Healthy honey bees support melon industry

Healthy bees play a vital role in Australia’s $172.9M melon industry, with cross-pollination a valuable contributor to crop produce. Watermelon, rockmelon and honeydew melon are commonly grown in Australia and are all dependent on insect pollination to produce large evenly shaped fruit.

The melon industry continues to partner with the honeybee industry, through Hort Innovation, to build a strong biosecurity system through their investment in the National Bee Pest Surveillance Program (NBPSP).

Delivered by Plant Health Australia (PHA) with additional funding from state and territory governments, the Australian Government, the Australian Honey Levy and Grain Producers Australia (GPA), the NBPSP supports early detection for high priority exotic bee pests, including Varroa mite, Tropilaelaps mite and Tracheal mite.

The NBPSP is an early warning system that uses a range of surveillance methods at seaports and airports throughout Australia, since these are the most likely entry points for honey bee pests and pest bees. Surveillance at additional ports is also provided through in-kind contributions by state and territory governments.

“The program ensures Australia has an early warning system in place to protect our valuable honey bee health status,” said Dr Lucy Tran-Nguyen, PHA’s General Manager, Partnerships and Innovation.

“We will continue to focus on safeguarding honey bees from high impact pests to give us the best chance of maintaining the supply of healthy pollinators for plant industries,” said Dr Tran-Nguyen.

Various surveillance tactics employed in the program include monitoring live (sentinel) hives for pests and diseases, catchboxes to capture swarms, rainbow bee-eater pellet analysis and aerial pheromone ballooning to pick up new species of bees and using nets to sweep flowering plants to capture any foraging bees near ports.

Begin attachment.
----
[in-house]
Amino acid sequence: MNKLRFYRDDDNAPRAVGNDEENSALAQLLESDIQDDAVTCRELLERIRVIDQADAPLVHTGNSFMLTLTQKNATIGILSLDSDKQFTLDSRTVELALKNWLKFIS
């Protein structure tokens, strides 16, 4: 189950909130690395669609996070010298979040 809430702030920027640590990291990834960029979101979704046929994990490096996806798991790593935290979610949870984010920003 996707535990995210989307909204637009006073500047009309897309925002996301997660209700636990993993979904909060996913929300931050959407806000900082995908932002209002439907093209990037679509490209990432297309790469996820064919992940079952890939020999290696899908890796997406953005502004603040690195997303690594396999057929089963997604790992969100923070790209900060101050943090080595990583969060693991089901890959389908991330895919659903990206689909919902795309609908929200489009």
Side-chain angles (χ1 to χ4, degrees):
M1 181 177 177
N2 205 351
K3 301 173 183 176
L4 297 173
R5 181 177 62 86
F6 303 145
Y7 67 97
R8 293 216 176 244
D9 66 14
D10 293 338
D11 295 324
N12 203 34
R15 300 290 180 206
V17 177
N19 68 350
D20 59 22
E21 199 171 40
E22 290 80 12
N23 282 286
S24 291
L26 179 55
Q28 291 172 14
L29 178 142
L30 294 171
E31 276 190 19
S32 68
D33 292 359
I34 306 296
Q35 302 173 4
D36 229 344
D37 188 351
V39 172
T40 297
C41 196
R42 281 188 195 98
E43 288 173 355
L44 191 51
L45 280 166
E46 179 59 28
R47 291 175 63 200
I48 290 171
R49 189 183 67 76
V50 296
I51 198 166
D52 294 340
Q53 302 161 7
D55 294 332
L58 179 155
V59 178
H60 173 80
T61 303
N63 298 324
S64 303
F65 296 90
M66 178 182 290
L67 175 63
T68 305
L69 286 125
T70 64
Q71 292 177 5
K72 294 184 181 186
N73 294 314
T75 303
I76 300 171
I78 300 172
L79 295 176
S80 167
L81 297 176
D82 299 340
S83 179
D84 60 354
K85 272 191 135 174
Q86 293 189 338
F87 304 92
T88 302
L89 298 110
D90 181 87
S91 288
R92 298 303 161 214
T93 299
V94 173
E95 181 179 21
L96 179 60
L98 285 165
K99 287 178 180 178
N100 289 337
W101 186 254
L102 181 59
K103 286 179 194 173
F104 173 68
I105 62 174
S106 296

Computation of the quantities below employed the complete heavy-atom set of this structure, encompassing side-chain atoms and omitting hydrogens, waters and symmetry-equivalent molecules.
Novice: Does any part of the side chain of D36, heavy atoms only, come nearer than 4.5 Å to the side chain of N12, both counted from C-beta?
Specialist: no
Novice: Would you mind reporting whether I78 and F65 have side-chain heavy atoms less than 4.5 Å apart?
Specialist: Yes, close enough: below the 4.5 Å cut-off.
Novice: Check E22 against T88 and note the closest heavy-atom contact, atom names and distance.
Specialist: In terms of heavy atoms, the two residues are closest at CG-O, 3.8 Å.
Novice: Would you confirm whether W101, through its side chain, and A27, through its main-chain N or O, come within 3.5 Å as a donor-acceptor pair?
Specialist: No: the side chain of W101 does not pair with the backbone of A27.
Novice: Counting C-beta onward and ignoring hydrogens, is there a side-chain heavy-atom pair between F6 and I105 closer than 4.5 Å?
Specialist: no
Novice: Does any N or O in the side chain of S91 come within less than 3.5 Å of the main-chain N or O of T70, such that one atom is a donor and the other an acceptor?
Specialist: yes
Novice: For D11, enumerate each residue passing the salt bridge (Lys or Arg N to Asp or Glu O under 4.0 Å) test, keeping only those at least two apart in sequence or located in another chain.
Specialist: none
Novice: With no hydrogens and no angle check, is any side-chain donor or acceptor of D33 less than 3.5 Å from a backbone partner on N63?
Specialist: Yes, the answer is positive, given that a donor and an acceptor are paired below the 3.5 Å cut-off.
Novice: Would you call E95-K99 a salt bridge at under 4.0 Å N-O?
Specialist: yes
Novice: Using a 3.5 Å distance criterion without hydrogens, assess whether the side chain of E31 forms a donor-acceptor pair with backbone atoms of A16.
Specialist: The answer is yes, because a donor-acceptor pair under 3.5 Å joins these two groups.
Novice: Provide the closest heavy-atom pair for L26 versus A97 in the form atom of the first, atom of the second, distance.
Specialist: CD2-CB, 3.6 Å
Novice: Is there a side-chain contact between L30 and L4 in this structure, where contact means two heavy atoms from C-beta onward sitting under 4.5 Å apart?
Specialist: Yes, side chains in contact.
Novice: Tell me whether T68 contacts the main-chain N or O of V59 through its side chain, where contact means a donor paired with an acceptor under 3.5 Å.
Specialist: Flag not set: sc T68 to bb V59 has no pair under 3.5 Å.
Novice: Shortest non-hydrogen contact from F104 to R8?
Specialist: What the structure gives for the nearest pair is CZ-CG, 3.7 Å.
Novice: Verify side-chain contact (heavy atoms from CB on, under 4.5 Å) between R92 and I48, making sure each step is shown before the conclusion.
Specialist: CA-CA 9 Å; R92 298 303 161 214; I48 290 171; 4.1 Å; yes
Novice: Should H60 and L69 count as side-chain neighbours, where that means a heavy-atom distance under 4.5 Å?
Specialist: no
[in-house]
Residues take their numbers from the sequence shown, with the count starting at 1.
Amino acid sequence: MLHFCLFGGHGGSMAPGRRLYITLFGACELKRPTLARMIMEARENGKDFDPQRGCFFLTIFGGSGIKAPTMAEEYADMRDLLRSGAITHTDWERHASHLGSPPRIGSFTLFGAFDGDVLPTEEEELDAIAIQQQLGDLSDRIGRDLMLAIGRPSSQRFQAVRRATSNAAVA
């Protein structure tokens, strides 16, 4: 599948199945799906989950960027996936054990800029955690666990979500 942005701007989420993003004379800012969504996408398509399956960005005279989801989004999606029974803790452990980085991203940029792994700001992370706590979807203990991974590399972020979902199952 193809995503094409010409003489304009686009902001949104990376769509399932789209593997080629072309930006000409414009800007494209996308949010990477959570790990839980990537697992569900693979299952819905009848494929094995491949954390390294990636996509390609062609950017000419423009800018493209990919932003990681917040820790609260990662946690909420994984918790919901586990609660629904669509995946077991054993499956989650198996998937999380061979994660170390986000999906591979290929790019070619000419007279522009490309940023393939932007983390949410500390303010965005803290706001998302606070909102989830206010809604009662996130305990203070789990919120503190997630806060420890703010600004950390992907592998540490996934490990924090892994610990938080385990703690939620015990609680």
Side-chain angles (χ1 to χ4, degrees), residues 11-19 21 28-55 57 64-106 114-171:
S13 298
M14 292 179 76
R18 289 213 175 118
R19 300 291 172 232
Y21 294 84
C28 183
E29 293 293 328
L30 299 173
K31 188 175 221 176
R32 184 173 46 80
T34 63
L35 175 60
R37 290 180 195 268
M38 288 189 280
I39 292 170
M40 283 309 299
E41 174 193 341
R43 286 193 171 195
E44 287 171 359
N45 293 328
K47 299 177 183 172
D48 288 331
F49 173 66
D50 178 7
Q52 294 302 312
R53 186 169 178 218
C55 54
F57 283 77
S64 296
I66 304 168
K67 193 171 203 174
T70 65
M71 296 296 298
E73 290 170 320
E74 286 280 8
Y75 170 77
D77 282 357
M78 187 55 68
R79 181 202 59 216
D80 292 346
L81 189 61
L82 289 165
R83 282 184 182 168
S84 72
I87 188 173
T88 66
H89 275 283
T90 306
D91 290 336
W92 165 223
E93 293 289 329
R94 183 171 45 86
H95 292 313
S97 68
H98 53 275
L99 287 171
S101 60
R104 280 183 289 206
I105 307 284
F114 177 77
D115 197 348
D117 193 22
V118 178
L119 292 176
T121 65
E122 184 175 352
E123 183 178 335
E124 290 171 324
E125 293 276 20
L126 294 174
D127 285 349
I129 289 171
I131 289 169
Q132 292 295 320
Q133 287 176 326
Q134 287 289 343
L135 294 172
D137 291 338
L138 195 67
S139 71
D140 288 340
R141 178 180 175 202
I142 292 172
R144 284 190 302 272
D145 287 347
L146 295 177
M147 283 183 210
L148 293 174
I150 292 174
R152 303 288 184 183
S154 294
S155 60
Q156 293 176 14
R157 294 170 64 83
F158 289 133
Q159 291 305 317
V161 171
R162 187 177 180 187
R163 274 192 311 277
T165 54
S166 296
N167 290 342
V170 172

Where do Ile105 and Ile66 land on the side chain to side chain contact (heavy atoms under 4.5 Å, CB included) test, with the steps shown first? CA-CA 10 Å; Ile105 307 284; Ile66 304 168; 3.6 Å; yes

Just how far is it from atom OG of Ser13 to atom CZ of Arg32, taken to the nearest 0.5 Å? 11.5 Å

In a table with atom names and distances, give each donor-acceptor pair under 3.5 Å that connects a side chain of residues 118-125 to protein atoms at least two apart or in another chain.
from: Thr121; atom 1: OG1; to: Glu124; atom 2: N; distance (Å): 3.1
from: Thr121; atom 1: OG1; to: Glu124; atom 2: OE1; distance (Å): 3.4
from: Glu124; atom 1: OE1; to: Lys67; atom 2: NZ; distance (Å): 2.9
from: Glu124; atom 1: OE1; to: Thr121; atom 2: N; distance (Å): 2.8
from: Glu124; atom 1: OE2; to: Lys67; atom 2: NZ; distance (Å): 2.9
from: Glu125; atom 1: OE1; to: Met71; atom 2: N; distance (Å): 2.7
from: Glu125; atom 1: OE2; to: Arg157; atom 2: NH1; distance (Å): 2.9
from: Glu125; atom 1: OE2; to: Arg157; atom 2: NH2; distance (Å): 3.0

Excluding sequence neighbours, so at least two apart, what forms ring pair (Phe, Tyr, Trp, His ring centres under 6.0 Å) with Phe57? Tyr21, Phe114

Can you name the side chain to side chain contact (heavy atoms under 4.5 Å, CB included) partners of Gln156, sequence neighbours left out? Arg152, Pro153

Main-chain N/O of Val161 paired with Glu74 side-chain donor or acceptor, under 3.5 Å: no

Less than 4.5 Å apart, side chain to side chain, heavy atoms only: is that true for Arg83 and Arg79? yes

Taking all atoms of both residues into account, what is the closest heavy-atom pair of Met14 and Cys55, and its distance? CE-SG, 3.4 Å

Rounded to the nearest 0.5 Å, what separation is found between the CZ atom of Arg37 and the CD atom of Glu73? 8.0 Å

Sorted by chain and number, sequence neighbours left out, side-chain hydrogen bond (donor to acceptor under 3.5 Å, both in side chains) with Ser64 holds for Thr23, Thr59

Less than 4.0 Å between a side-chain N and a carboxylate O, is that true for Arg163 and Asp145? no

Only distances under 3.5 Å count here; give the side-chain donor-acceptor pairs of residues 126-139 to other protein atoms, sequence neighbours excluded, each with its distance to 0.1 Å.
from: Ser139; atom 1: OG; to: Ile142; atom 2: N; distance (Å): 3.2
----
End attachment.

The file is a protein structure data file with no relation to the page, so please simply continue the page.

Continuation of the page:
These techniques are fit for purpose and consider learnings from past experiences to improve the efficiency and delivery of surveillance at each of the port locations.

In 2023, more than 4,080 surveillance activities targeting exotic bee pests and exotic bees were conducted, including:

  • 1,530 catchbox inspections for the presence of European honey bees or Asian honey bees
  • 733 frame inspections for large African hive beetle, braula fly and small hive beetle
  • 625 additional surveillance activities such as sugar shake, alcohol wash or drone capping
  • 605 sticky mat inspections for external bee mites
  • 209 small hive beetle traps deployed in the Northern Territory, Western Australia and Tasmania
  • 178 tracheal mite sample collections
  • 137 floral sweep netting evets targeting foraging bees
  • 48 rainbow bee eater pellet collections
  • 9 swarm captures including those found in catchboxes
  • 8 aerial ballooning events.

While PHA has coordinated the delivery of the NBPSP for the past 10 years, bee pest surveillance in Australia has been underway for over two decades with the first sentinel hive inspections occurring in the late 90s. Today, PHA as the national coordinator for the plant biosecurity system, works with the melon industry to manage biosecurity risks and pollination needs.

The latest three-year iteration of the NBPSP commenced in December 2021 and ends in December 2024. The program will continue to focus on a consistent national approach for the early detection of target bee pests and diseases.

Melon growers are urged to report any unusual plant or bee pests and diseases through the Exotic Plant Pest Hotline (1800 084 881). Early reporting increases the chance of effective control and eradication.

Reporting unusual symptoms or unexplained colony deaths, by working closely with beekeepers pollinating your crops will also assist in building knowledge and may provide vital clues needed to identify a new pest and stop it spreading to surrounding bee populations.

The NBPSP is funded by Hort Innovation using research and development levies of 14 horticultural industries, with significant co-investment from states and territories and contributions from the Australian Honey Bee Levy, Grain Producers Australia and the Australian Government. The NBPSP is coordinated by Plant Health Australia and delivered by states and Northern Territory government.